Many people with kidney failure keep working. It may make you feel more normal and productive. And it can provide insurance to cover your health costs.

Your healthcare providers can help you plan a treatment schedule that fits your work needs. You can even ask your healthcare provider for a social worker to help you talk with your employer. For example, if you’re on peritoneal dialysis and do it yourself, you’ll need access to a clean place at work. If you’re on hemodialysis, your employer should know that you can’t lift heavy things.

If you can’t work, government and private programs can help. They can provide money, health insurance and transportation to doctors’ appointments and treatments. A social worker can help you find such programs and apply.

A note from Cleveland Clinic

End-stage renal disease is the last stage of chronic kidney disease. It marks the point when kidney function drops to very low levels. Kidney failure failure is life threatening, but dialysis or transplantation can relieve weakened kidneys. If you have kidney disease, a healthcare provider can help you manage the cause and watch your kidney function.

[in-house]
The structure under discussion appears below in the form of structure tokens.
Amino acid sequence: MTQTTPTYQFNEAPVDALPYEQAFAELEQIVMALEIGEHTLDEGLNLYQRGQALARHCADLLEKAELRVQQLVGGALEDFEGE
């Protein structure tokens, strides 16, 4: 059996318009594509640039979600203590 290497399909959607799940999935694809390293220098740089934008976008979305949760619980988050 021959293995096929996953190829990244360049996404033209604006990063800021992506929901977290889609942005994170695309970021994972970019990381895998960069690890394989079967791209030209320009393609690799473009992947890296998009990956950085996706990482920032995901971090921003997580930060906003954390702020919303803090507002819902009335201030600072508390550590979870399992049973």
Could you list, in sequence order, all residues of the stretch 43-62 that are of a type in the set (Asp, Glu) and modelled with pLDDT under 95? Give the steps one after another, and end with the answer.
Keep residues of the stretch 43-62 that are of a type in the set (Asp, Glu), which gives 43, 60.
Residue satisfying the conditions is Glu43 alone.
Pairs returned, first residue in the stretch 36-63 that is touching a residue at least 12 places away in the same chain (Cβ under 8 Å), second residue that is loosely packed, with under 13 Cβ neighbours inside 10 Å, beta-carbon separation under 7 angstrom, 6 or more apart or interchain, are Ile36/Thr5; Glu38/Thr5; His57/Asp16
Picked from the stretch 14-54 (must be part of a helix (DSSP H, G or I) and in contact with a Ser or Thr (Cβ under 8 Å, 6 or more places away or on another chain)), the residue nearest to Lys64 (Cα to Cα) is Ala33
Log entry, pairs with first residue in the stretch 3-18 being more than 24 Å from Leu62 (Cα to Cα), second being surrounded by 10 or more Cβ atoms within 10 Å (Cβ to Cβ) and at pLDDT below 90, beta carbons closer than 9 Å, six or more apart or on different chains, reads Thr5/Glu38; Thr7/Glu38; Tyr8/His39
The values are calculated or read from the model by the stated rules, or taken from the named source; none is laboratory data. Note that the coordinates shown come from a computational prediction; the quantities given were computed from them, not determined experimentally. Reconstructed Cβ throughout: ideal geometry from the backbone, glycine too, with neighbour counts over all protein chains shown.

Last reviewed by a Cleveland Clinic medical professional on 11/13/2020.

References

  • American Kidney Fund. Accessed 10/18/2020.Adjusting to Kidney Failure. (https://www.kidneyfund.org/kidney-disease/kidney-failure/adjusting-to-kidney-failure.html)
  • American Kidney Fund. . Accessed 10/18/2020.Kidney Failure (ESRD) Causes, Symptoms & Treatments (https://www.kidneyfund.org/kidney-disease/kidney-failure/)
  • National Institute of Diabetes and Digestive and Kidney Diseases. Accessed 10/18/2020.Your Kidneys and How They Work. (https://www.niddk.nih.gov/health-information/kidney-disease/kidneys-how-they-work)
  • National Kidney Foundation. Accessed 10/18/2020.Dialysis. (https://www.kidney.org/atoz/content/dialysisinfo)
  • National Kidney Foundation. Accessed 10/18/2020.Estimated Glomerular Filtration Rate (eGFR). (https://www.kidney.org/atoz/content/gfr)
  • National Kidney Foundation. Accessed 10/18/2020.Kidney Transplant. (https://www.kidney.org/atoz/atozTopic_Transplantation)
  • National Kidney Foundation. Accessed 10/18/2020.What is Kidney Failure? (https://www.kidney.org/atoz/content/KidneyFailure)